Sand's sympathetic portrayals of the people won her adoration by her readers during her lifetime and scorn by the critics. In this novel about love surpassing conventional barriersdeemed too revolutionary during its day (the early 1840s) for wide dissemination and only now translated into EnglishSand lets rip her radical views on egalitarianism of the classes and equality between the sexes. Set in Paris during the student unrest against the bourgeois king, Louis-Philippe, in 1832, Horace concerns the coming-of-age of a law student from a provincial family whose head is utterly turned by the opportunities in the big city to better himself both in fortune and in love. Horace is smooth but vain and boastful; he wins the lovely grisette Marthe because he must have passion and the Viscountess de Chailly because he must have glory, though in the end he loses his honor. While some of the characters, such as Marthe, are bland paradigms of working-class virtue, others, like Horace and the Viscountess, have teeth: they were evidently modeled on people in Sand's life. A delicious novel to prompt a revival of her work.Amy Boaz, "Library Journal"
Sand's twentieth-century fame is based more on her radical behavior (for a nineteenth-century woman) than on her fiction. This is due, in part, to the fact that this daring novel has never before been available in English. Here Sand is at her fiery best--forthright, shrewd, and cutting. Considered far too scandalous to be published when Sand wrote it in the 1840s, "Horace" takes place in politically volatile and cholera-besieged Paris where working-class women are stigmatized for their limited means. Horace, a good-looking, undisciplined, and unprincipled dilettante, is supposed to be studying law, but instead wreaks much havoc in the lives of his generous and ever-tolerant friends. His turbulent story is told by Theophile, a medical student of noble birth and much wisdom, who lives with his pragmatic yet compassionate mistress Eugenie. In Eugenie and her friend Marthe, the romantic center of this often polemic but always captivating psychological drama, Sand has created women characters who stand in proud defiance of society's misogyny. Passionate about freedom, Sand forged a timeless tale of vanity and love, hypocrisy and altruism.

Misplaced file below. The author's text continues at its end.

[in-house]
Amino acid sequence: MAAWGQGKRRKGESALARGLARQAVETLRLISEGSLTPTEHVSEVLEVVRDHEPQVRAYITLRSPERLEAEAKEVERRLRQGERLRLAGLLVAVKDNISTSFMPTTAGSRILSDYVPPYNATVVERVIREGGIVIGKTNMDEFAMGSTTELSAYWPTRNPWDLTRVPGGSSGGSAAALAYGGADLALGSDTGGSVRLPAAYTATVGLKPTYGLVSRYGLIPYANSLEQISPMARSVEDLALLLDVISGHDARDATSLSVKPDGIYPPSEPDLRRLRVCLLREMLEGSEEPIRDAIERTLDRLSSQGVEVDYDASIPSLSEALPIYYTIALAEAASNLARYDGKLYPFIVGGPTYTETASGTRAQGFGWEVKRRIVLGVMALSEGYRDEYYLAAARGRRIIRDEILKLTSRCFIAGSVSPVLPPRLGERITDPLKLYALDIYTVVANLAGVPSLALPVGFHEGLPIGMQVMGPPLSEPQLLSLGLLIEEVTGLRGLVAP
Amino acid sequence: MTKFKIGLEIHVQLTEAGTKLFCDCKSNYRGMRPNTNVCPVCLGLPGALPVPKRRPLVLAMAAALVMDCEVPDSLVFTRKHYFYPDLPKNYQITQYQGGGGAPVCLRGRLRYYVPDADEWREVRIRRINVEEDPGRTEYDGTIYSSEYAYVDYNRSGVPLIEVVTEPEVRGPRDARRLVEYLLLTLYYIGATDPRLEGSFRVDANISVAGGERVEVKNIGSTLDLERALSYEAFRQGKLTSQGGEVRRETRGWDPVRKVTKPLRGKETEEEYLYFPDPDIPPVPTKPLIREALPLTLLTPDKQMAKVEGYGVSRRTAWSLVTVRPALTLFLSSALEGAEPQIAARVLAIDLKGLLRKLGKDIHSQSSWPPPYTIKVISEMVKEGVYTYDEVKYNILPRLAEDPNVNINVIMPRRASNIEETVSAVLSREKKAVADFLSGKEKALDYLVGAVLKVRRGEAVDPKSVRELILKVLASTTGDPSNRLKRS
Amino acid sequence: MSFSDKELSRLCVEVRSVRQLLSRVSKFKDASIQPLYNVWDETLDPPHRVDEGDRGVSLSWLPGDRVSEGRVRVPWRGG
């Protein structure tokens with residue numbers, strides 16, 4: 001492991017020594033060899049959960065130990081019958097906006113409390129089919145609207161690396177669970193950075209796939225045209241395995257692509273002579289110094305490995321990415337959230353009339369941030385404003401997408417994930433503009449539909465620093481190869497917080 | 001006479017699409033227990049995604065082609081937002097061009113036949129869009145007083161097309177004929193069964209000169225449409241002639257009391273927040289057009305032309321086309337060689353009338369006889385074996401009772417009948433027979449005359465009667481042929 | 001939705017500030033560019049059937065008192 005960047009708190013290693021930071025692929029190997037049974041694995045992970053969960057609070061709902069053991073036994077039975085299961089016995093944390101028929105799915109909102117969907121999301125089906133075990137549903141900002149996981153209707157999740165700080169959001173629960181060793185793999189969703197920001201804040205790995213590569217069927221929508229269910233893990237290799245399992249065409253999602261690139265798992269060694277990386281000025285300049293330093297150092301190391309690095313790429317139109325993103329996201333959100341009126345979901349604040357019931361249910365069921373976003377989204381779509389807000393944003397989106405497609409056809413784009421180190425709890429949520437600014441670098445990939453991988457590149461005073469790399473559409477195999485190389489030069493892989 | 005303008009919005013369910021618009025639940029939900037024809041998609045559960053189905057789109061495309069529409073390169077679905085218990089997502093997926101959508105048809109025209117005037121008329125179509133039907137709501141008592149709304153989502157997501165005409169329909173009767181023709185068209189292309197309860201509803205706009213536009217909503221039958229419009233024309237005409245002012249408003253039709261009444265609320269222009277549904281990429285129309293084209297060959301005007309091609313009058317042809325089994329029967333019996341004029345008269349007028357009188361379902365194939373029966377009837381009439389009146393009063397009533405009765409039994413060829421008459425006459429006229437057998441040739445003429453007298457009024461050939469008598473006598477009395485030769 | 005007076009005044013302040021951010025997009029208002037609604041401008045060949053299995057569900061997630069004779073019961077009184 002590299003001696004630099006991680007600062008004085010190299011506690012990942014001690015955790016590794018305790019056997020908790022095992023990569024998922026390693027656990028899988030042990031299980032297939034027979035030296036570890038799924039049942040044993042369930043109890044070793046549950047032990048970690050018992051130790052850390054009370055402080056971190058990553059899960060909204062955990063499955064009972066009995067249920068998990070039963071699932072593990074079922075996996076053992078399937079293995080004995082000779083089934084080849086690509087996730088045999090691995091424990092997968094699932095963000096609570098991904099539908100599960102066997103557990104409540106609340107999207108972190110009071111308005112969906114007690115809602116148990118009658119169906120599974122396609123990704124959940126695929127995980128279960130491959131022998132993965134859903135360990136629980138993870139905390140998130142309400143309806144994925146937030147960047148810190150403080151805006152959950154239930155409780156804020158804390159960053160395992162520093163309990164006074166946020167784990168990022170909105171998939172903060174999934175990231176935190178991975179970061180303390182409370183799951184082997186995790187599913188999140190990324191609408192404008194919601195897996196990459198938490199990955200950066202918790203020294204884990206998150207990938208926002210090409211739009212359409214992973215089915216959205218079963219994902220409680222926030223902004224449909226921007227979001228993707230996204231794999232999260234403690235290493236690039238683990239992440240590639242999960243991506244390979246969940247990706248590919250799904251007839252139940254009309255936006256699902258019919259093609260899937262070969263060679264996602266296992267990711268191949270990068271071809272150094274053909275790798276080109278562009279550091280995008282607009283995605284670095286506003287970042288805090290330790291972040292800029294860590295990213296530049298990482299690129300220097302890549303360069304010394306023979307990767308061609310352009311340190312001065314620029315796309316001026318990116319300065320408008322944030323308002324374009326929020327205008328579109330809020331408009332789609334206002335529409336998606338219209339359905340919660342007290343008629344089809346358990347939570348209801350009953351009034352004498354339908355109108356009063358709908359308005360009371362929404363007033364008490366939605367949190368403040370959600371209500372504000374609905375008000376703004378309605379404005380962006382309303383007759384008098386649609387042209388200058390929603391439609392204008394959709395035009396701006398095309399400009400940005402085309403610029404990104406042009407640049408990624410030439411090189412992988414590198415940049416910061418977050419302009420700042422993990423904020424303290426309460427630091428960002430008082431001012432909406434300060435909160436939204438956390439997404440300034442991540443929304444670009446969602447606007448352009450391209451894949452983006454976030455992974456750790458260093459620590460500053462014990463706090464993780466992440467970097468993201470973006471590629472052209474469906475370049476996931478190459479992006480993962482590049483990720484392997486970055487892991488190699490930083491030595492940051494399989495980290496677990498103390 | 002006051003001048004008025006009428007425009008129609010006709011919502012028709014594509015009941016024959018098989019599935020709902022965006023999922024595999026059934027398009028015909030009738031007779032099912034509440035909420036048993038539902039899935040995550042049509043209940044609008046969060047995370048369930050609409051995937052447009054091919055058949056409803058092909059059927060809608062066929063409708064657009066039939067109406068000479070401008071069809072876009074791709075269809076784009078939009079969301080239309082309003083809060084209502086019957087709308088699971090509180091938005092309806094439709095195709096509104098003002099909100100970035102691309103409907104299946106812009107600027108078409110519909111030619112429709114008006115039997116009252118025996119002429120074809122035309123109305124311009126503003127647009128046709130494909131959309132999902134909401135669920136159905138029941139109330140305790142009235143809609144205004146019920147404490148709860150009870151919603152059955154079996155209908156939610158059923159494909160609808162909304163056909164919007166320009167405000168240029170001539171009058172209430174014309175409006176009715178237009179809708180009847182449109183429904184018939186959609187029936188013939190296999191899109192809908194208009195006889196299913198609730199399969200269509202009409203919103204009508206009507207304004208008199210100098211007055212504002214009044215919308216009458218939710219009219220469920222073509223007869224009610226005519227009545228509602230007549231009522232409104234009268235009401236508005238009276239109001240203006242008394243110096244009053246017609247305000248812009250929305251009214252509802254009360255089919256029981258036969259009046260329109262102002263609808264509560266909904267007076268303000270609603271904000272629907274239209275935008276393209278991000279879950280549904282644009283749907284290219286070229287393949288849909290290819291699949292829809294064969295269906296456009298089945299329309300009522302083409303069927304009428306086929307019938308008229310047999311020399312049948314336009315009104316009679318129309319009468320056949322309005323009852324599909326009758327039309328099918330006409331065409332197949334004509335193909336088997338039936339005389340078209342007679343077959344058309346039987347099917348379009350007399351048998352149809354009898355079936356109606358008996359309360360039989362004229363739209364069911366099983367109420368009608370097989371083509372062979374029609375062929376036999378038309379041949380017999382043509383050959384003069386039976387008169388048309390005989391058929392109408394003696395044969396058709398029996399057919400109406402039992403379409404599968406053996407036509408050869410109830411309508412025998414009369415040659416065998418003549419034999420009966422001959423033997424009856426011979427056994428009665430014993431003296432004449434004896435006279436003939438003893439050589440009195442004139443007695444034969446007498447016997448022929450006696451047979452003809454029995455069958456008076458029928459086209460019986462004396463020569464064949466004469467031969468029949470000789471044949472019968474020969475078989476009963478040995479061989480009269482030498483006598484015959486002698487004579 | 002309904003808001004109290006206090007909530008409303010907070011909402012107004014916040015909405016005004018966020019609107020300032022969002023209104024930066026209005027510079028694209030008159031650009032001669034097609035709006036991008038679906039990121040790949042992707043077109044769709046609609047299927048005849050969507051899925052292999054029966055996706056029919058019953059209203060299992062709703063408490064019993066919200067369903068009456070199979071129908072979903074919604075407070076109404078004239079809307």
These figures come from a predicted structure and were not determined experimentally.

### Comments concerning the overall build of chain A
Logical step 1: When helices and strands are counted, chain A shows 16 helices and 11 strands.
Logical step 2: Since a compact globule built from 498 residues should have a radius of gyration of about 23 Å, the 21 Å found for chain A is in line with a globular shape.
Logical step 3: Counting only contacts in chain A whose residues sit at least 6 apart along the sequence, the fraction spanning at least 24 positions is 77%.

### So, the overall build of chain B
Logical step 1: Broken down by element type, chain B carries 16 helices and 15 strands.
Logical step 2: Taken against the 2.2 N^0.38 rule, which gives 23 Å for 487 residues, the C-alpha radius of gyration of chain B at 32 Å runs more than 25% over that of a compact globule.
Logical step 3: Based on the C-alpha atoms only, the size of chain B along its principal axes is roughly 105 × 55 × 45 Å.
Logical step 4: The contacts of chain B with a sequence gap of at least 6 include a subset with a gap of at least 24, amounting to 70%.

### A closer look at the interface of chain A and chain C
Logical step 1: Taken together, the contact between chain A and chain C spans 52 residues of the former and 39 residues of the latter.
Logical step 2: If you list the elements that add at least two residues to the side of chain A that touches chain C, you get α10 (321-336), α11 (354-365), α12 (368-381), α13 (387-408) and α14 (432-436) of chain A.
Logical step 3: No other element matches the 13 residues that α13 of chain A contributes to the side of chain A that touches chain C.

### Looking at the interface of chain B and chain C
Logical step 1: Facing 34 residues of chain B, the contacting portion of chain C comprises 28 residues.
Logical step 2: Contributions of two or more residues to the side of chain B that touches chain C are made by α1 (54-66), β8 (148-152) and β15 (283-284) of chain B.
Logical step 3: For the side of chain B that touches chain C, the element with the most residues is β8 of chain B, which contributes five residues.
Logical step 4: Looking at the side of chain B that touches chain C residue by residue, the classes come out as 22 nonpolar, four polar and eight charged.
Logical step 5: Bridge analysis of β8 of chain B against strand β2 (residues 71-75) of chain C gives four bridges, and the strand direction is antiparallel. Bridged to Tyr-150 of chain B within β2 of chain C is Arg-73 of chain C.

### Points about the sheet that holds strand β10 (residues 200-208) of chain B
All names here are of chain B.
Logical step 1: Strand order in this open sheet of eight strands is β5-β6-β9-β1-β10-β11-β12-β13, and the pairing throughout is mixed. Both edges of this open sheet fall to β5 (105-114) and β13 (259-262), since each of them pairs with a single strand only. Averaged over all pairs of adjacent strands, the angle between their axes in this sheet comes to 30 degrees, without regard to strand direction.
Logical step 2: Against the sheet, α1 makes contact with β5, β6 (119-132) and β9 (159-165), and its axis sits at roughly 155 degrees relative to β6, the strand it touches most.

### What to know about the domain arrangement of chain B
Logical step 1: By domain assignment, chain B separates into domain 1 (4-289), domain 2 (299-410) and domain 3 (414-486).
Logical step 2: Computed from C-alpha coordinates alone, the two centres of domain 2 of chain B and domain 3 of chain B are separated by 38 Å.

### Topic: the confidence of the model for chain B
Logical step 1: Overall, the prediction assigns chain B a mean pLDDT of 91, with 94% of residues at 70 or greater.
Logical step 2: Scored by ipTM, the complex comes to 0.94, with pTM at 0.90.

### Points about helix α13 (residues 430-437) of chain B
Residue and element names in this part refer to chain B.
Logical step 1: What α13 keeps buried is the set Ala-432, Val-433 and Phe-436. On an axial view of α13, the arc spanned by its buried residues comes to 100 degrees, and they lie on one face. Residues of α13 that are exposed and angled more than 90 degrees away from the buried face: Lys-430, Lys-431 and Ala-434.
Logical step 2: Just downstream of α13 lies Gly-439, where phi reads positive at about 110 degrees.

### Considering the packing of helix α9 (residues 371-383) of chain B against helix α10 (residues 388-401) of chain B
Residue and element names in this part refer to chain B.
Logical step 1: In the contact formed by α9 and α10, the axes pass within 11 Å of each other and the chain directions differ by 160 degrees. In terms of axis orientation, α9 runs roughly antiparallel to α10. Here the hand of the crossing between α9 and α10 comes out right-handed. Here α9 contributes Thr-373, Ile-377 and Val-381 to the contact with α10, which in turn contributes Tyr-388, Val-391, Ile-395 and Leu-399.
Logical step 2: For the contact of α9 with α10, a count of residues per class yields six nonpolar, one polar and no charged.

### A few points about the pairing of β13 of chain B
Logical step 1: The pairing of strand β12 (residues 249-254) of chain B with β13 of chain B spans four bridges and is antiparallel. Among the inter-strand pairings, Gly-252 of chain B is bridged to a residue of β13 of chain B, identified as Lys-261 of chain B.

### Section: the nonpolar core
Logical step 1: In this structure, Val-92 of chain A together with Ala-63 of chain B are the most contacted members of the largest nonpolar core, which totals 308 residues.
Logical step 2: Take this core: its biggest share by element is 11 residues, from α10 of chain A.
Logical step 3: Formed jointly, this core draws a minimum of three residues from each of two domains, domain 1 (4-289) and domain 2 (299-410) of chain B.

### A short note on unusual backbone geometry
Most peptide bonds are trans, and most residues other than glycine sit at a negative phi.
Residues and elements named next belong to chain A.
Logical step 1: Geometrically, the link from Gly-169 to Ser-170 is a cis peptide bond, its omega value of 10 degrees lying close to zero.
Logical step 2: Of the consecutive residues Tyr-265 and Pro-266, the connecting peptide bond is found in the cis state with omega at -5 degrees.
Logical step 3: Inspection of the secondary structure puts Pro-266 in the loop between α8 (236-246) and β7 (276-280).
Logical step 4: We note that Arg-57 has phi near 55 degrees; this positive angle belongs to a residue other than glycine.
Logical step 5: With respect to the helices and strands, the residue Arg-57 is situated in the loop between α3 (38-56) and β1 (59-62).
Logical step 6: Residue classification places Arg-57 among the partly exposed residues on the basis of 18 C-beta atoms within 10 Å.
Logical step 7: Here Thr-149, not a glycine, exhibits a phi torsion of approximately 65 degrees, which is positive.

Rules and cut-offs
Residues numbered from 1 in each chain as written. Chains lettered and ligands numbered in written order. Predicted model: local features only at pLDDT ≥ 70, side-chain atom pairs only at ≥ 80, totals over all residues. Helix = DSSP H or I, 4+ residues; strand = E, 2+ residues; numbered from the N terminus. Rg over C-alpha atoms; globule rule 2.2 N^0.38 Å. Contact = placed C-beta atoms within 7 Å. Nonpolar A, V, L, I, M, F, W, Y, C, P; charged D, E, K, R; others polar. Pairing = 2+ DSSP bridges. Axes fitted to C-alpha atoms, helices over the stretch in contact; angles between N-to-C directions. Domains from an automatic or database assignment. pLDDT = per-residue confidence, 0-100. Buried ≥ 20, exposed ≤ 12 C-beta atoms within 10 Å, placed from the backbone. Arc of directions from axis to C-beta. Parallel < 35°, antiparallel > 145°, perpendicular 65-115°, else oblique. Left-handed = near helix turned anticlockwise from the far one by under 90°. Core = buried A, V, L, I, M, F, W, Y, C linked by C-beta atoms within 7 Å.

George Sand (eigentlich Amandine Lucie Aurore Dupin, verheiratete Baronin Dudevant) wurde am 01.07.1804 in Paris geboren; sie starb am 08.06.1876 in Nohant.
Sie schrieb romantische idealistische Romane, in denen sie für die Emanzipation der Frau eintrat. Bekannt wurde sie auch durch ihre Dorfgeschichten, in denen sie lebenswahre Schilderungen aus bäuerlichem Milieu gibt.